This preview shows pages 1–3. Sign up to view the full content.
This preview has intentionally blurred sections. Sign up to view the full version.
View Full Document
Unformatted text preview: Recursion and Iteration EECS 280 Programming and Introductory Data Structures Review General Recursion c A recursive problem is one that is defined in terms of itself. c A recursive problem has two important features: 1. There be one or more trivial base cases. 2. There be a way to solve bigger instances by first solving smaller instances, then performing a simple computation. c Recursive problems usually follow the structure of an inductive proof. c Once the problem has been recursively stated, it is fairly simple to write a recursive program to solve it c Unfortunately, these types of recursive programs require one stack frame for every recursive call; this can be substantial. Review Tail Recursion c To solve the general recursive stack problem, we considered tail recursive programs which require only constant space. c It doesn't matter how large the problem to be solved is, we only need a fixed number of stack frames to solve it. c For example, in our tailrecursive factorial solution, we only need the first fact_helper stack frame, no matter the size of N. c This is also true when solving the problems with iteration . c In fact, the two versions of factorial() we've seen are very, very similar that similarity is no accident! Recursion and Iteration Are they related? c What we will show today: 1. For any tailrecursive function, you can write an iterative equivalent. In other words, tailrecursion is just iteration. 2. This equivalence is not true for general recursive programs. c Note: There are some recursive programs that cannot be solved in constant space, including the tree traversal problem from Project 2. c We want to show that tailrecursion is no more powerful than iteration (i.e. for any computation that we could express tailrecursively, we could also express it iteratively). c We do this by giving a method for converting an arbitrary tailrecursive function to an iterative one. c This technique is called a proof by construction. (TailRecursion == Iteration) True while (<booleancondition>) <bodystatement> h On entry, the condition is evaluated. If the condition is false, the loop terminates. Otherwise, the body statement is evaluated, and the loop is reentered. do <bodystatement> while (<booleancondition>); h On entry, the body statement is evaluated followed by the condition. If the condition is false, the loop terminates. Otherwise, it is reentered at the body statement. Reviewing Loops for ( <initstatement>; <booleancondition>; <postbody> ) <bodystatement> h When a forloop is entered for the first time, the initstatement is executed. Then, the condition is evaluated. If its false, the loop terminates. Otherwise, the body is evaluated, then the postbody is evaluated, and finally the loop is resumed at the point of evaluating the boolean condition....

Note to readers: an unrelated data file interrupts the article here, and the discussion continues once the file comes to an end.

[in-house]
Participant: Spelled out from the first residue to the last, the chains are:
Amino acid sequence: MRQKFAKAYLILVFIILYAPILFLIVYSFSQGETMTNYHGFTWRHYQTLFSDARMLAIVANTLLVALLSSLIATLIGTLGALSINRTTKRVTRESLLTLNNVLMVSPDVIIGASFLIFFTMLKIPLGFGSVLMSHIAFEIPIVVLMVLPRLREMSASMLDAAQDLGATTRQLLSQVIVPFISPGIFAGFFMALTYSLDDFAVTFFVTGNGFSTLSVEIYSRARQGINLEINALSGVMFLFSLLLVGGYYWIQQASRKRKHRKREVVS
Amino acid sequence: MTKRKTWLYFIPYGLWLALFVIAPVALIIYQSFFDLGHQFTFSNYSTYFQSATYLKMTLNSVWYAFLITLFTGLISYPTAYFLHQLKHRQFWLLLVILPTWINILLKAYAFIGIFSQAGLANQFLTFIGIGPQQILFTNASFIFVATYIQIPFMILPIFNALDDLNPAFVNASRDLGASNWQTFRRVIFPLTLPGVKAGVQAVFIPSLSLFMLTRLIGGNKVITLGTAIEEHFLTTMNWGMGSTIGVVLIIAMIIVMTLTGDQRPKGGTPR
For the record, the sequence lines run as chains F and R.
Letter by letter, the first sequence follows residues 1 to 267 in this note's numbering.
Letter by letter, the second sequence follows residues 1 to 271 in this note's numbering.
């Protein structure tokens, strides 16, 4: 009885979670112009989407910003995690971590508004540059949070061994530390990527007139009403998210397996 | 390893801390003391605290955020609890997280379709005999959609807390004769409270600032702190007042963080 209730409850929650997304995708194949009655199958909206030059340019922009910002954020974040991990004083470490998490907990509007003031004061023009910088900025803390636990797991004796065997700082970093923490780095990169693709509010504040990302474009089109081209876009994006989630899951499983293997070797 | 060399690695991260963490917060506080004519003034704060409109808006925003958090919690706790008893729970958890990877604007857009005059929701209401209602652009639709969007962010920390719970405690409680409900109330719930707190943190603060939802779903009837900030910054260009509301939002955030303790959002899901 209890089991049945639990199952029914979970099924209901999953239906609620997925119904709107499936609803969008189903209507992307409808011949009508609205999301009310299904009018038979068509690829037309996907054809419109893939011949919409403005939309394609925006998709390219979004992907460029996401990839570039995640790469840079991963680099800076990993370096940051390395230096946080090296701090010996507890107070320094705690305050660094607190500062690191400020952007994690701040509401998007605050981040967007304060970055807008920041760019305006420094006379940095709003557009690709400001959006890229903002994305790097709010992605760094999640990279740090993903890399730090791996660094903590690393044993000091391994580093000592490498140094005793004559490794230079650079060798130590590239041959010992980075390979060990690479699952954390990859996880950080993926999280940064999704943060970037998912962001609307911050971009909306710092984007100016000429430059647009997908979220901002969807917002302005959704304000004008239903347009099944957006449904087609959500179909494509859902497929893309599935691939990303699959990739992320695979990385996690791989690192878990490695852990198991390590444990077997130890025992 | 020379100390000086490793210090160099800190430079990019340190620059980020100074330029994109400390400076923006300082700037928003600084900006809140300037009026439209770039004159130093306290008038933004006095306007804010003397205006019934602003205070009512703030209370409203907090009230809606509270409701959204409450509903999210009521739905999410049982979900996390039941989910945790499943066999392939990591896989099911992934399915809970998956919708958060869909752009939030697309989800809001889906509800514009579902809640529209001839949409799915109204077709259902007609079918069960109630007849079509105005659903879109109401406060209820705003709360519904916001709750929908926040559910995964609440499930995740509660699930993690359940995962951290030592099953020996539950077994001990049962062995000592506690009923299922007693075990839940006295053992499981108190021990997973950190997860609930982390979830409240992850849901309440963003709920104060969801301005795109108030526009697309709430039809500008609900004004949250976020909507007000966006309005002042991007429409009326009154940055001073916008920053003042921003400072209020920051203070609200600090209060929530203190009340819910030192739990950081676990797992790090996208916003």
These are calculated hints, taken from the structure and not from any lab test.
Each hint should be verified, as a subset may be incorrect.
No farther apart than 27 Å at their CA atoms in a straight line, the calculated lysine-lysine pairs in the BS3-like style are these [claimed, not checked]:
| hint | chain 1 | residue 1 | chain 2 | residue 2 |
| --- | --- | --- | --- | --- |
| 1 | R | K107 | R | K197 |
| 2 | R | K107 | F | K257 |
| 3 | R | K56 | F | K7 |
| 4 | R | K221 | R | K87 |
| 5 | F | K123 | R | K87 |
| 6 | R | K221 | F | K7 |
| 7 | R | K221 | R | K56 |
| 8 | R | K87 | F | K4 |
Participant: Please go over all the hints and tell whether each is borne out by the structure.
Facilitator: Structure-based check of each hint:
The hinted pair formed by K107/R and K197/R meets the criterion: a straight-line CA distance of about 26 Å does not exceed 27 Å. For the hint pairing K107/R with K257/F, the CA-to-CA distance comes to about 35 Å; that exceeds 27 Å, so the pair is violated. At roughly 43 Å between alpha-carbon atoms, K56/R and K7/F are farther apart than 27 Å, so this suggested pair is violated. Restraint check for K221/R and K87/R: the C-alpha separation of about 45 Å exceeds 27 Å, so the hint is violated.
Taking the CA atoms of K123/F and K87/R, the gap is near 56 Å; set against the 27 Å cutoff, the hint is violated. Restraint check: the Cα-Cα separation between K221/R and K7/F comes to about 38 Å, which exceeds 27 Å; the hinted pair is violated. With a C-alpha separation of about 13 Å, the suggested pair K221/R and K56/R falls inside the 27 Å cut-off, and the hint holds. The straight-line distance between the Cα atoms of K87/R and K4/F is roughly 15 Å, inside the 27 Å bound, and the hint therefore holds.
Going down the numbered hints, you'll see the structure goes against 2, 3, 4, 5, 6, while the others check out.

View
Full
Document
This note was uploaded on 10/26/2010 for the course EECS 280 taught by Professor Noble during the Fall '08 term at University of Michigan.
 Fall '08
 NOBLE

Click to edit the document details